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Posted on: Thu, 07/24/2003 - 3:55pm
Anonymous's picture
Anonymous (not verified)

When Jesse was skin prick tested for everything but PA, I got back about five false positives. I couldn't figure it out so I posted about it here. It was because he had ezcema on his back where the serum and skin pricks were placed. All of the things that he tested positive for were false. This would have been when my daughter was 3, so 3 years ago and I did have to raise several questions here (what else is new [img]http://uumor.pair.com/nutalle2/peanutallergy/rolleyes.gif[/img] ) to get it figured out. Other members really really helped me with that a lot because one of the false positives was to latex.
Best wishes! [img]http://uumor.pair.com/nutalle2/peanutallergy/smile.gif[/img]

Posted on: Thu, 07/24/2003 - 4:37pm
e-mom's picture
Joined: 04/23/2000 - 09:00

Thanks Cindy!!
The whole idea that these tests are showing a lot of false positives has me very frustrated.
I can't believe that some allergist/chemist hasn't come up with a more accurate way of really finding out once and for all. UGH!!!
I really hope that in the near future this will all change for the better.

Posted on: Fri, 07/25/2003 - 12:10am
austin2001's picture
Joined: 05/03/2002 - 09:00

My daughter was skin tested for peanut at 17months old. I honestly don't even remember the allergist making a big deal about it. He obviously never educated me on the liklihood of anaphylaxis with peanut allergy. It was within the past year that I found out from our new allergist. Long story, but we left the first allergist after he screwed up my daughter's prescription for pulmicort. He wrote the Rx for double the concentration she had been previously taking. She was only about 3 at the time and started to complain about chest pains with her breathing treatments. I noticed the label on the box of pulmicort was .5 instead of her usual .25. I called a 24 hour pharmacy and they told me that it was possible that chest pain could occur with a higher dosage. I called the office the next day to find out that he had messed up when the prescription was written. It was to be REFILLED...not for a higher dosage...ANYWAY, we decided then that we would not be going back....within weeks we ended up in the ER with Pa ds. Found us a WONDERFUL allergist and got an appointment within a week. Been with DR. Levy in Spartanburg ever since. She was the one who told me about dd positive skin prick test when I asked if she could be tested also (since ds was positive). She decided not to test since dd now eats peanut without problem.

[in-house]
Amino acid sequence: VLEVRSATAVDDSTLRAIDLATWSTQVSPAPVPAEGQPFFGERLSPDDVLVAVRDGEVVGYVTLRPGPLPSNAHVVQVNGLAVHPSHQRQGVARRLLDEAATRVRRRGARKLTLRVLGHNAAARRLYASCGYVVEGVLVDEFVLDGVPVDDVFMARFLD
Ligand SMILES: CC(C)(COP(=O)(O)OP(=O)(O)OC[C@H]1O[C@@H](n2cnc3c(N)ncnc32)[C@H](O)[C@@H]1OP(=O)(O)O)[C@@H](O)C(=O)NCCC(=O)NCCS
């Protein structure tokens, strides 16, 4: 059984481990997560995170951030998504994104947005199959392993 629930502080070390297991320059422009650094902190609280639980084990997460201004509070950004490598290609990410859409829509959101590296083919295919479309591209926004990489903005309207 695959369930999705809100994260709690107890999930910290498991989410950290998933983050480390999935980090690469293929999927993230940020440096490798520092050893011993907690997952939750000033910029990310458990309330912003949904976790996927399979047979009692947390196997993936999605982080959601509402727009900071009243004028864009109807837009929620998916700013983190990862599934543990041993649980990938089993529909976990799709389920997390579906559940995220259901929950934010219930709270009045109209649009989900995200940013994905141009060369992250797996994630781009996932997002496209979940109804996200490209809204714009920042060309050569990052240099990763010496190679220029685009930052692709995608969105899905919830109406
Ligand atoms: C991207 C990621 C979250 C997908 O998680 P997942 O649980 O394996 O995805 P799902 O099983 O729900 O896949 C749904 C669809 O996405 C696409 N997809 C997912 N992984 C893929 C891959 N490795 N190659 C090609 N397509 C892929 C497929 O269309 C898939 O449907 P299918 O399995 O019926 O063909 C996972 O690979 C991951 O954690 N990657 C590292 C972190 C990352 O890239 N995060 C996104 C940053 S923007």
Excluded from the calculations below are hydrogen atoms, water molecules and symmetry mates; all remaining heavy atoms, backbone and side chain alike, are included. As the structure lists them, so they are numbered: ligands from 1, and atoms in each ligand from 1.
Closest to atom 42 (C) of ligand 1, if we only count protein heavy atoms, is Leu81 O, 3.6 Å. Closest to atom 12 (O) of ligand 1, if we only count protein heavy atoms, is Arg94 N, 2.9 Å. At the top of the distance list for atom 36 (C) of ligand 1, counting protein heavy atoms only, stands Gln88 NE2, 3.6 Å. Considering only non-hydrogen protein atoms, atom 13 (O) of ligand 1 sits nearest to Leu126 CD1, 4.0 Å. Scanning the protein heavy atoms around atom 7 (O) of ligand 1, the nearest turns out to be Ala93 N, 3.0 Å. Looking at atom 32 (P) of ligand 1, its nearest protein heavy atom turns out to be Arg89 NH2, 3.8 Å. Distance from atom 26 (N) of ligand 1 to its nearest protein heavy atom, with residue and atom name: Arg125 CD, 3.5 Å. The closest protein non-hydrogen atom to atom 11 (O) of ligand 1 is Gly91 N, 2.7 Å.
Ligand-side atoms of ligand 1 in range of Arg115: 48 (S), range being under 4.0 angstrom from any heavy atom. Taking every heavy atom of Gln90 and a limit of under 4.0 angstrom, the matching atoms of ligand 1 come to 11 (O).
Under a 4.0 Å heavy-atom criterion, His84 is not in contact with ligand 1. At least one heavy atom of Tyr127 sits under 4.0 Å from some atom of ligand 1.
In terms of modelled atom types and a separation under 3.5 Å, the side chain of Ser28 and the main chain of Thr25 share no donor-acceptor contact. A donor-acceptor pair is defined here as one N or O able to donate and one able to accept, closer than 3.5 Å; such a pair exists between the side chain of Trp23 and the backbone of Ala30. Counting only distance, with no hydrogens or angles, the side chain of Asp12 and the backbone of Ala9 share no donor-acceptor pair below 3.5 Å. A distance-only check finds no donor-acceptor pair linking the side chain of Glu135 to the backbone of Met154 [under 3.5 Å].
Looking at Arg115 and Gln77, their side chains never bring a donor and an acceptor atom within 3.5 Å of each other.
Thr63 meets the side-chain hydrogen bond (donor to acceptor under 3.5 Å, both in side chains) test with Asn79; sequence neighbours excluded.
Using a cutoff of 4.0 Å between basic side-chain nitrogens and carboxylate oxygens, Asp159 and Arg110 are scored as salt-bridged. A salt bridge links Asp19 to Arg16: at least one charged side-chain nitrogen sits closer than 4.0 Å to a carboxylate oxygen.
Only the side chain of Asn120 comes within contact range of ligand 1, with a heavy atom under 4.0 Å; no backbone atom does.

HOWEVER...in her toddler years (she lived on pbj)...she often had asthma attacks, and horrible eczema on her face and hands. In hindsight i have a feeling that maybe she could have exhibited allergic symptoms and we overlooked them as illness....
take care...

Posted on: Fri, 07/25/2003 - 1:28am
e-mom's picture
Joined: 04/23/2000 - 09:00

Allison (Austin2001),
Thank you for sharing your story. Thank goodness that nothing serious happened to your daughter while taking the double dose.